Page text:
Raven Energy

Raven Energy © Kerry Hardy

It seems our house sitter may be losing it.  She’s become scared of the dogs.  The ravens.  The spiders and creatures that may come into the house.  She won’t go to the wash because it’s too dangerous.  There are snakes, she said.  She’s basically feeling scared of wildness.

I talked to my friend Darron this morning.  It’s probably the raven energy, he said.  It’s powerful stuff.

Raven energy.  Now there’s something to think about.

Darron is one of the few Hopi who gets, I dare say identifies, with our perspective.  He works for Facilities at Health Care.  He was one who originally opposed the destruction of the native nest.  Wait, he advised.  Wait a few months and soon enough they will fly away.  At the time, he said that all things have a purpose, that there’s a reason those birds are here on this earth.

Which is to say that every living thing occupies an environmental niche.  Each has evolved to survive in a particular place in a particular way.  And the life and demise of every thing allows others to survive.  Each of us has co-evolved with the creatures around us.  Unmanaged, we together compose an ecosystem.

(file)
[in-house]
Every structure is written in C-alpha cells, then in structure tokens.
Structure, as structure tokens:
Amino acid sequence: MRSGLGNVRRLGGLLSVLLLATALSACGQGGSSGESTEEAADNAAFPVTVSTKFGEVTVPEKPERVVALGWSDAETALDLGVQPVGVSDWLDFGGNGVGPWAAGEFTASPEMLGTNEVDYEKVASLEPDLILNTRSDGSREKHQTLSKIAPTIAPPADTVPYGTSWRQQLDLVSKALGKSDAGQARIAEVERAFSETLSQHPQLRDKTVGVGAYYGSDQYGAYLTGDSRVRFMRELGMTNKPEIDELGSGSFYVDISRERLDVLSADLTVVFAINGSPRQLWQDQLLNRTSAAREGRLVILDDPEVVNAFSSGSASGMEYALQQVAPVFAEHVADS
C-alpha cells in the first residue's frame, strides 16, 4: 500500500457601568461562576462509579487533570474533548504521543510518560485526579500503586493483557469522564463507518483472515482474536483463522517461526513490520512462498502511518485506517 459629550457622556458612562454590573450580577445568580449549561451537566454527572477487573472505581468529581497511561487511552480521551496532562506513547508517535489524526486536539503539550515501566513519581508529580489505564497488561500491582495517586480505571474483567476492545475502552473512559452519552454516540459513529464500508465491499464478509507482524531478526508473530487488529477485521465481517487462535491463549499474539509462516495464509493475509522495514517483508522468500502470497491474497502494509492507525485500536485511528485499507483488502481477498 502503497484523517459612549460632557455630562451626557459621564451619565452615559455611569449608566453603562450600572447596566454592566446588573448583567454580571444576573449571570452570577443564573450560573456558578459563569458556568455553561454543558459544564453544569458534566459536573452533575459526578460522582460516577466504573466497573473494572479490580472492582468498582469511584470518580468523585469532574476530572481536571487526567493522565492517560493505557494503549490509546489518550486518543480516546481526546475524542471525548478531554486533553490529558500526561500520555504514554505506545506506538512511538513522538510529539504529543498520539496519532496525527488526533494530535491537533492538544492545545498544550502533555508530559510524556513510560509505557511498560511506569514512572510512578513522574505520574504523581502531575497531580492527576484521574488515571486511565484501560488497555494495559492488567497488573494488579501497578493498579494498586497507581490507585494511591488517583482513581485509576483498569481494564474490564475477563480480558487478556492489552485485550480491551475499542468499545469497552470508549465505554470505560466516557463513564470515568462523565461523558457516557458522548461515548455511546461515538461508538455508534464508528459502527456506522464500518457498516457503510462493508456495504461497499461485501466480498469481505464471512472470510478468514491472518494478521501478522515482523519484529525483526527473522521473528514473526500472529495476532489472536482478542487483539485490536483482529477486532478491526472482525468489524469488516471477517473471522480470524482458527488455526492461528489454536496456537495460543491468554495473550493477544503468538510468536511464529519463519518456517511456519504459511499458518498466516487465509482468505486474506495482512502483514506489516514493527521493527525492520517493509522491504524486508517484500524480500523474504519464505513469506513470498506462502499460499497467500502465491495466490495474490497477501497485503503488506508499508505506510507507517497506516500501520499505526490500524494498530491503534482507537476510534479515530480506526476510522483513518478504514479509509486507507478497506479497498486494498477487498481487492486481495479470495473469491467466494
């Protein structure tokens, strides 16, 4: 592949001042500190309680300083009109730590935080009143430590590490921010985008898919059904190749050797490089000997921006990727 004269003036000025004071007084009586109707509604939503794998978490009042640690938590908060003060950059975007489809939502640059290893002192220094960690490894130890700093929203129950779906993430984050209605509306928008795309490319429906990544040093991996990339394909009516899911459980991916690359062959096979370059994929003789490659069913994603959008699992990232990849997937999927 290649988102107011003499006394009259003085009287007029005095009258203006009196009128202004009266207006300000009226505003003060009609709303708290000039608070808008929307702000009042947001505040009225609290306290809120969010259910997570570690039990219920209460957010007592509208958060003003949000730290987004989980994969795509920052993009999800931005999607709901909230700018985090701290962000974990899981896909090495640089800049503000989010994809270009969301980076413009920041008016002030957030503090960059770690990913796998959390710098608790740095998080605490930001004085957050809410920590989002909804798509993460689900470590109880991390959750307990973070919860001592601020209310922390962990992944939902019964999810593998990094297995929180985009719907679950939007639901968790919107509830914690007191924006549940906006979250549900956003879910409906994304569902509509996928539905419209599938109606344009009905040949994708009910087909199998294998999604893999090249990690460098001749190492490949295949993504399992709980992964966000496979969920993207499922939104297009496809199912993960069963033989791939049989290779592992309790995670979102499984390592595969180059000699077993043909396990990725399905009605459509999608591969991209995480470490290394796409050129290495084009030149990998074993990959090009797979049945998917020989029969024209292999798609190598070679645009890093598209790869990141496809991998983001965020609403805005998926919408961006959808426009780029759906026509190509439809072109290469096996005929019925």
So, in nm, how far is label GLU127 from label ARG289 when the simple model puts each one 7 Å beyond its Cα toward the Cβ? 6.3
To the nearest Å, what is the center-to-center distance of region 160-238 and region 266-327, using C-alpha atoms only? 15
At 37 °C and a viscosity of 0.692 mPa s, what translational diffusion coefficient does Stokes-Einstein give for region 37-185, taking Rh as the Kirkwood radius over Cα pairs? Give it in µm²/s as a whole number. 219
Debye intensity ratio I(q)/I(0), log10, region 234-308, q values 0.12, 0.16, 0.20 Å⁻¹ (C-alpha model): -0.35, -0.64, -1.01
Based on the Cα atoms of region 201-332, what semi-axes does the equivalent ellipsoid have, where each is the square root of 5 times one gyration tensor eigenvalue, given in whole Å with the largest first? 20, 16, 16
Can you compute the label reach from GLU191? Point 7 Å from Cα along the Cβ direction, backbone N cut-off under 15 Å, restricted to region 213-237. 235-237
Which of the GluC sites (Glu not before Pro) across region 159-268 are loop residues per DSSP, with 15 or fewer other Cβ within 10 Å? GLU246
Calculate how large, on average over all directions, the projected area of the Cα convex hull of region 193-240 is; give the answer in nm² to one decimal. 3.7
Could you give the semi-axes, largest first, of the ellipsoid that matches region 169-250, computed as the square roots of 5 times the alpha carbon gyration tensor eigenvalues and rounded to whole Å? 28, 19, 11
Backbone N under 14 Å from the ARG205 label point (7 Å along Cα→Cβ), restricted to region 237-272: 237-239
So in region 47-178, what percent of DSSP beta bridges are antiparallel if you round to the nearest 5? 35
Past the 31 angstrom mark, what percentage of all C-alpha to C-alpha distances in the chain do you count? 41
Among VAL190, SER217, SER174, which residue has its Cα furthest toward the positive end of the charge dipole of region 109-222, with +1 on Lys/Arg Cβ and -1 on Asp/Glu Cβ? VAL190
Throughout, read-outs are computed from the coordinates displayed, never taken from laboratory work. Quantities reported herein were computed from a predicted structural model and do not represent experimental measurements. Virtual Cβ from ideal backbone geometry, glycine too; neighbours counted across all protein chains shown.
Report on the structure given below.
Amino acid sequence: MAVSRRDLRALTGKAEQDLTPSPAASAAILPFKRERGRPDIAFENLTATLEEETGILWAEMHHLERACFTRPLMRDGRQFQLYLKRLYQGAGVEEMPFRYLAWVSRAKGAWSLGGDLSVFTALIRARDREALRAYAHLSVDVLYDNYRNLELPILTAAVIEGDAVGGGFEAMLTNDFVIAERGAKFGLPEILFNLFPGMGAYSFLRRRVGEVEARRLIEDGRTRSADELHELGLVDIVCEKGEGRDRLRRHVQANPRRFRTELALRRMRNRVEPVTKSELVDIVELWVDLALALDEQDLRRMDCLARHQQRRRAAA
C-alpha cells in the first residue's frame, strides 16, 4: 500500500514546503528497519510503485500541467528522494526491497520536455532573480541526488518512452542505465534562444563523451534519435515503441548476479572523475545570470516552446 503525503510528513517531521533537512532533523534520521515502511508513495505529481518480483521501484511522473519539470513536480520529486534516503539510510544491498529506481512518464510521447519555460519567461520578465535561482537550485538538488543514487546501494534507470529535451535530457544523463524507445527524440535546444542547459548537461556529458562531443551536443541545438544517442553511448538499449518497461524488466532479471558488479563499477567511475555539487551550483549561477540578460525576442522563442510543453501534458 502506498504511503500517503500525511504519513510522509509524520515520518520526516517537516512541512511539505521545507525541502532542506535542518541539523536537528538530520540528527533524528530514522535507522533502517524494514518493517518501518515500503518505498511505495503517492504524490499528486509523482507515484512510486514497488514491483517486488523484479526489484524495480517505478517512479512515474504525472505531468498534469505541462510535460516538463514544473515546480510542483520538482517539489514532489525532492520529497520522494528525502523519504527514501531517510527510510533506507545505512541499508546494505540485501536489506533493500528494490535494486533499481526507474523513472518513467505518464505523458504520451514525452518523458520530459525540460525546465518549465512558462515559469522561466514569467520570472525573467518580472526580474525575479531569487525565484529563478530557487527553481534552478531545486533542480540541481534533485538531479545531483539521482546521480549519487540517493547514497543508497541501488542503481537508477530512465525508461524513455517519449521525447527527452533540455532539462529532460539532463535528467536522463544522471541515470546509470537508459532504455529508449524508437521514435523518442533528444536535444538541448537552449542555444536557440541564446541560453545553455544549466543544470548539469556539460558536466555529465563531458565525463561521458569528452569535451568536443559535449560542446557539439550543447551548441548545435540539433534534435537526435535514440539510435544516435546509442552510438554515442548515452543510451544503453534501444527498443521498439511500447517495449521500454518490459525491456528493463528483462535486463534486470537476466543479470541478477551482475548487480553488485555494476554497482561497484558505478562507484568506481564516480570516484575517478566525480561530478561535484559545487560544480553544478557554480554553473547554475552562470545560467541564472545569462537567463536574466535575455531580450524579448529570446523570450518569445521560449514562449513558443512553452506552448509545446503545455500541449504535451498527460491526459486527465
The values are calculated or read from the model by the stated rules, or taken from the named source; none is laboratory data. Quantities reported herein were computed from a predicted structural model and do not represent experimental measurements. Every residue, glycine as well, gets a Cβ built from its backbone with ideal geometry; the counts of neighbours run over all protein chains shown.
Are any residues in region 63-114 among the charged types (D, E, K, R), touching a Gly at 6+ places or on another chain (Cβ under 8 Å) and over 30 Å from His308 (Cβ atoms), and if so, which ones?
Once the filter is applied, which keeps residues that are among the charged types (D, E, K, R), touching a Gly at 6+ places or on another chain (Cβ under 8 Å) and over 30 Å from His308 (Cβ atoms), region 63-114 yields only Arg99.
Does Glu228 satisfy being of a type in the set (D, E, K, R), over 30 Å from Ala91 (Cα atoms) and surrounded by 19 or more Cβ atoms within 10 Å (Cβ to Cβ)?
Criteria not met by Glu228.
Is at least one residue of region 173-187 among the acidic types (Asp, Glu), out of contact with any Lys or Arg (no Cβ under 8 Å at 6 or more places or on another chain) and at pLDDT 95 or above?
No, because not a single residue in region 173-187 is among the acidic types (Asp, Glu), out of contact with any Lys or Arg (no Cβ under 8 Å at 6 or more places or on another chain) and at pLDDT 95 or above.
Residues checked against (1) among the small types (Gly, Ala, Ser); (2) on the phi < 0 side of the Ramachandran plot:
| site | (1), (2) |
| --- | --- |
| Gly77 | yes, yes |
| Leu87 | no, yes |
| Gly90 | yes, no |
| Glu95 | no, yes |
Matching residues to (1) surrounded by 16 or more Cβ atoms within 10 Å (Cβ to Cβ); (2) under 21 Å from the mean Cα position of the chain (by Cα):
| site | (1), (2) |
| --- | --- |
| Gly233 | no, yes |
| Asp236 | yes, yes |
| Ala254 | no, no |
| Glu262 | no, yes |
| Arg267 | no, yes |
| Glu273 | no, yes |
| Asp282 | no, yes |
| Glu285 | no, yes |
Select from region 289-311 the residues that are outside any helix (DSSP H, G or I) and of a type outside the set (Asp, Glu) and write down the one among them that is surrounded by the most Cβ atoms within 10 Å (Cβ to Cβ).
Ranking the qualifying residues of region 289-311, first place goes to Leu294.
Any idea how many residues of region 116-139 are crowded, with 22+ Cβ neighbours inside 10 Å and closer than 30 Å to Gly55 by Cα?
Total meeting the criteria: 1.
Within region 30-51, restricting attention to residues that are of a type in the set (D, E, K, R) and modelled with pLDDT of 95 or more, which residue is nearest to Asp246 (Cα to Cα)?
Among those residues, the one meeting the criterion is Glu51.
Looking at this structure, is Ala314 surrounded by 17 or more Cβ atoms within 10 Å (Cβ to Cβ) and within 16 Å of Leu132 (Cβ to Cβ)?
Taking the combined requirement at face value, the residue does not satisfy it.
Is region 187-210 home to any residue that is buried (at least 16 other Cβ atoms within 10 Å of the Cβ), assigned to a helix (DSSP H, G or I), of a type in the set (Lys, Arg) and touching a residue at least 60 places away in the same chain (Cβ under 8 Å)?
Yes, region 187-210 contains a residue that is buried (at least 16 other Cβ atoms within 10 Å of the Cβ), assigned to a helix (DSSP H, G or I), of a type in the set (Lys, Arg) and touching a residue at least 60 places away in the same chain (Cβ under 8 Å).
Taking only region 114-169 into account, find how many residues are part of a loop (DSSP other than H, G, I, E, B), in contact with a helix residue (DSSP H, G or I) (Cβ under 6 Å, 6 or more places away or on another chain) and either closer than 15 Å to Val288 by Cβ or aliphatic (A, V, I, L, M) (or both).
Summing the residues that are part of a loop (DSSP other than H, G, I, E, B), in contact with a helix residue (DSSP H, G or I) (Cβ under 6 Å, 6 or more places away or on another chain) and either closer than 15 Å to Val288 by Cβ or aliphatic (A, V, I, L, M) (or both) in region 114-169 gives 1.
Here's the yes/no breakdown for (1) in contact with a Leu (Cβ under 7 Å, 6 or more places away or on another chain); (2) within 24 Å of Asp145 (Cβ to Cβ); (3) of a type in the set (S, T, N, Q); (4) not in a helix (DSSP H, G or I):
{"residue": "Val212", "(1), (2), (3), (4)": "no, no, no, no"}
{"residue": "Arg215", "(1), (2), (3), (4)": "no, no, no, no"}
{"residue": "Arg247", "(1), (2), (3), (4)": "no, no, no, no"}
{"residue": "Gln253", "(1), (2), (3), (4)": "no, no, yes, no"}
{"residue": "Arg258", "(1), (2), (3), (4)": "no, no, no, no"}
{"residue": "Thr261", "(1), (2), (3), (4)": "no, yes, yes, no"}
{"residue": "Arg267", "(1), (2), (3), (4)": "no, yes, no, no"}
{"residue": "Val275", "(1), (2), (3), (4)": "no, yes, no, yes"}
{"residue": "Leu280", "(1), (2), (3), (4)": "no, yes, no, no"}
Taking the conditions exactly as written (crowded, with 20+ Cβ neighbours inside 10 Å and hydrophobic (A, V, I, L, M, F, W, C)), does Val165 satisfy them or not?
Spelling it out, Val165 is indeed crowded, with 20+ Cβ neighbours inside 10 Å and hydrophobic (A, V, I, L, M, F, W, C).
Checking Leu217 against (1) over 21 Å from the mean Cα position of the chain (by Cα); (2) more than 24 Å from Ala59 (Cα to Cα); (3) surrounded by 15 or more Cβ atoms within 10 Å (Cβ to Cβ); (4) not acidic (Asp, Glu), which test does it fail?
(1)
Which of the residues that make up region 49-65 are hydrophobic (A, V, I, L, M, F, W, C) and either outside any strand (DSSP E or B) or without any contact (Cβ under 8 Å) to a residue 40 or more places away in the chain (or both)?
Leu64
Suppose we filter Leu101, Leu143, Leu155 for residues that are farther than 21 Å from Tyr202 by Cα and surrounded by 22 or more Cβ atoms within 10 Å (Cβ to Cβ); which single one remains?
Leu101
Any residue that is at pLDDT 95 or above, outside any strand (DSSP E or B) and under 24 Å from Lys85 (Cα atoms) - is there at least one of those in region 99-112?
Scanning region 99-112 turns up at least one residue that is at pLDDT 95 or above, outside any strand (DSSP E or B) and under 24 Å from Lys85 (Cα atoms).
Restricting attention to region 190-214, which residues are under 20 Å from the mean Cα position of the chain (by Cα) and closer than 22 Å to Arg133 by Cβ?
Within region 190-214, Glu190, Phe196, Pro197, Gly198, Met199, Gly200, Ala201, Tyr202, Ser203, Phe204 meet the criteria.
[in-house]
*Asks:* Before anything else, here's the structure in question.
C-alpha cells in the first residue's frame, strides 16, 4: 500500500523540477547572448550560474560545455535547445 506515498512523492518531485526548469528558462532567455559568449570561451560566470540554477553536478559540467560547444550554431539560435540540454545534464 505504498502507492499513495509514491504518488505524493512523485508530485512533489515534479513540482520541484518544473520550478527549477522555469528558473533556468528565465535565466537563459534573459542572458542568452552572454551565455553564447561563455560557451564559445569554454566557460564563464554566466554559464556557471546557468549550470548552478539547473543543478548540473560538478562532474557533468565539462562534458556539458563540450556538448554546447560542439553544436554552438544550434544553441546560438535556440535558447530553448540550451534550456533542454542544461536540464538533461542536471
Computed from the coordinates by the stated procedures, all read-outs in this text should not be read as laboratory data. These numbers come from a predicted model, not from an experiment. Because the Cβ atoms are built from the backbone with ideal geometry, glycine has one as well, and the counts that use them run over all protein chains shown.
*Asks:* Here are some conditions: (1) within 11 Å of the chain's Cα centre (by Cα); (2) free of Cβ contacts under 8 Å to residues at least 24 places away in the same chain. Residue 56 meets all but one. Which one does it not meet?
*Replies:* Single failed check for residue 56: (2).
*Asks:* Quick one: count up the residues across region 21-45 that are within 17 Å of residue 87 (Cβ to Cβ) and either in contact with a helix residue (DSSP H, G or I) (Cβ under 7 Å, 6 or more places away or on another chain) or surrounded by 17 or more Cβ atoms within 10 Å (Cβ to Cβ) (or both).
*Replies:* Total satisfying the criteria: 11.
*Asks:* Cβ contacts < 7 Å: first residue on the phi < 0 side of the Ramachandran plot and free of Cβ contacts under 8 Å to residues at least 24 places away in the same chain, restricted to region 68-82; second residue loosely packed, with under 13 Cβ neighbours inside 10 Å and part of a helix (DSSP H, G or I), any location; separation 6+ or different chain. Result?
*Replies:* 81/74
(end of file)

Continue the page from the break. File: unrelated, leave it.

Which brings us to raven energy.

The universe (at least as we know it) is basically energy moving through a system.  There’s the energy and matter that we encounter in our daily lives:  speeding cars, a musical note, plants, granite fireplace stones, metal bowls, breaking glasses.  And then of course, there’s dark matter and dark energy which we don’t yet have the correct range of senses to detect.  That stuff composes 95% of the universe and yet we can’t perceive it.  And we don’t know what the heck it is.  We don’t yet fully understand what butterflies and dogs and horses can sense.  Perhaps they know of dark energy.  And if we spoke the same language or had the hearts to listen, perhaps they could tell us.

As for the scant world that we know of – basically things and movement and explosions and music – these are really just the suds floating on the surface of the “real” universe.